Mad in Chelsea? The Provok’d Wife gets a very modern up facelift
What happens when a Vanbrugh crashes into a Chelsea tractor? You get a modern take on The Provok’d Wife, John Vanbrugh’s Restoration comedy written in 1697.
WADS has taken the play about the hitherto virtuous Lady Brute who is provoked to infidelity by her sour husband Sir John Brute and cast it in the very modern and equally shallow world of Made in Chelsea.
In the play, the pair are married in haste – she for money, he for carnal reasons – and are now looking for diversions to alleviate the shackles of their sham wedlock. He goes off for a drunken night on the town and ends up before a magistrate, disguised in his wife’s frock. Meanwhile, she and her niece Belinda dress as Shepherd Market doxies for a secret tryst with their suitors Heartfree and Constant and are spied on by the envious Lady Fanciful, who wants Heartfree for herself. Belinda, despite interference from Lady Fanciful, wins her man and marries for love. But it ends sadly for the boozy Brute who attempts to ravish his wife, discovers two gallants lurking in his wardrobe and finally ends up accepting certain compromises rather than rather than fight a duel to satisfy his honour.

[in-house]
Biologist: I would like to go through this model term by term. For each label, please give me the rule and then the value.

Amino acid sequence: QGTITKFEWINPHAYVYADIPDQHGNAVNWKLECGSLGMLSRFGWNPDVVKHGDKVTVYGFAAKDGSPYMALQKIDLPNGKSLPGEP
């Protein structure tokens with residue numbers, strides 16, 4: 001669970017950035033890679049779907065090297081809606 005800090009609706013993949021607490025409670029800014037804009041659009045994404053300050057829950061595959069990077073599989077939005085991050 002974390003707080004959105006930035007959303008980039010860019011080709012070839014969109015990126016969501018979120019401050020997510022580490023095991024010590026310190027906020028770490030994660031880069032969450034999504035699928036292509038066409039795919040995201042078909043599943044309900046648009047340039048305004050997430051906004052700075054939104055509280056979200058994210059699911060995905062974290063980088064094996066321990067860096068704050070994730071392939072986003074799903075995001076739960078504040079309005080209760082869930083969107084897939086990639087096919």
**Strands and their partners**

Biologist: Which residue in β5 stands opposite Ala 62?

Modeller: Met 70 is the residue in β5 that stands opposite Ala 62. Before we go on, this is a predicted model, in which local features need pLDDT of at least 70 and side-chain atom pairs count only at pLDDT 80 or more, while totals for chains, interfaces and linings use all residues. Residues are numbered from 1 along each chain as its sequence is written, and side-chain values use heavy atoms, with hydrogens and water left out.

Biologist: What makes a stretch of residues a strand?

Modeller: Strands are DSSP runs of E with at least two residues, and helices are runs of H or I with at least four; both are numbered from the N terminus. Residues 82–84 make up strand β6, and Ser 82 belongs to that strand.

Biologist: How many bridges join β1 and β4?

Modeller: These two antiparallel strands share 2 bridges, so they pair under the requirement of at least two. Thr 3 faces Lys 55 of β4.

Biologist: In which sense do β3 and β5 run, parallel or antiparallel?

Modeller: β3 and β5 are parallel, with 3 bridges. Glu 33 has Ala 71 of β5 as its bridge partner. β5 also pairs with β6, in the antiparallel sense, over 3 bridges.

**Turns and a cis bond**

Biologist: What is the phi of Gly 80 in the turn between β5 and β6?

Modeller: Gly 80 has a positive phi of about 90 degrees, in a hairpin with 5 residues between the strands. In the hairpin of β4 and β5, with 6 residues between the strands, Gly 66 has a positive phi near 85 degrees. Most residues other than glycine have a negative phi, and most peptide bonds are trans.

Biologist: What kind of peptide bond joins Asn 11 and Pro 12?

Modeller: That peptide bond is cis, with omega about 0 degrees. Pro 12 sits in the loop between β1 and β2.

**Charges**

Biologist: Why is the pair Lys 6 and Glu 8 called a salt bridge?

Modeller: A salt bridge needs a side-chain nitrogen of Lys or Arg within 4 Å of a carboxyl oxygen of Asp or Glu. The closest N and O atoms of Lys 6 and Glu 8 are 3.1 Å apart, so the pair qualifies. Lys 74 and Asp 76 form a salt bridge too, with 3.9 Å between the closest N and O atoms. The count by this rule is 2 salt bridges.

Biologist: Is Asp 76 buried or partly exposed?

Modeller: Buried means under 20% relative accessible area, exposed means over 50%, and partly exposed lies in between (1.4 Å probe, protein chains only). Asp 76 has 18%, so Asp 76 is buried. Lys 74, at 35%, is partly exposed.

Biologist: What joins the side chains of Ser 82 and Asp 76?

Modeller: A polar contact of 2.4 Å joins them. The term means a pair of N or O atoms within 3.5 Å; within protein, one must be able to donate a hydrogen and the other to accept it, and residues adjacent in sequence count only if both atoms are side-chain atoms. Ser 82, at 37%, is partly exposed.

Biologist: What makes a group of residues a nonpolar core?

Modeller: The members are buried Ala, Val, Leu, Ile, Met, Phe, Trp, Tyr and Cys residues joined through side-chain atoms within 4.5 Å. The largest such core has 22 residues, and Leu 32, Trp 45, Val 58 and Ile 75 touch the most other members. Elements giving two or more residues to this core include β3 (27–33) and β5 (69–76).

WADS took one look at the plot and thought, this story of the lives and loves of a group of massively entitled people with too much money and too much time on their hands in and around London’s most exclusive postcodes, who spend most of their time discussing their relationships with their friends, shopping and drinking, all sounds very Made in Chelsea.
Well, can you tell the difference? Which of these quotations is from The Provok’d Wife and which is from Made in Chelsea?
- “I don’t have any resolutions whatsoever; how could I possibly improve upon myself?”
- “What an inundation of impertinence is here coming upon us!”
- “How I should despise such a thing if I were a man. What a nose she has! What a chin! What a neck! Then her eyes–and the worst kissing lips in the universe.”
- “I think it sort of says, lunch, dinner and probably breakfast as well.”
If you’re not sure, you’d better come and see the show, which runs for three nights from Thursday 5 to Saturday 7 July at the Parish Hall. Doors open at 7pm for a 7:30pm start. Tickets cost £10 (£7 concessions) and are available online (wads.website, ticketsource.co.uk/wadsweb or facebook.com/WADSweb) or by telephone (01256 892514).
|Until:||July 7, 2018|
|Next on:||July 5, 2018 at 7:30 pm|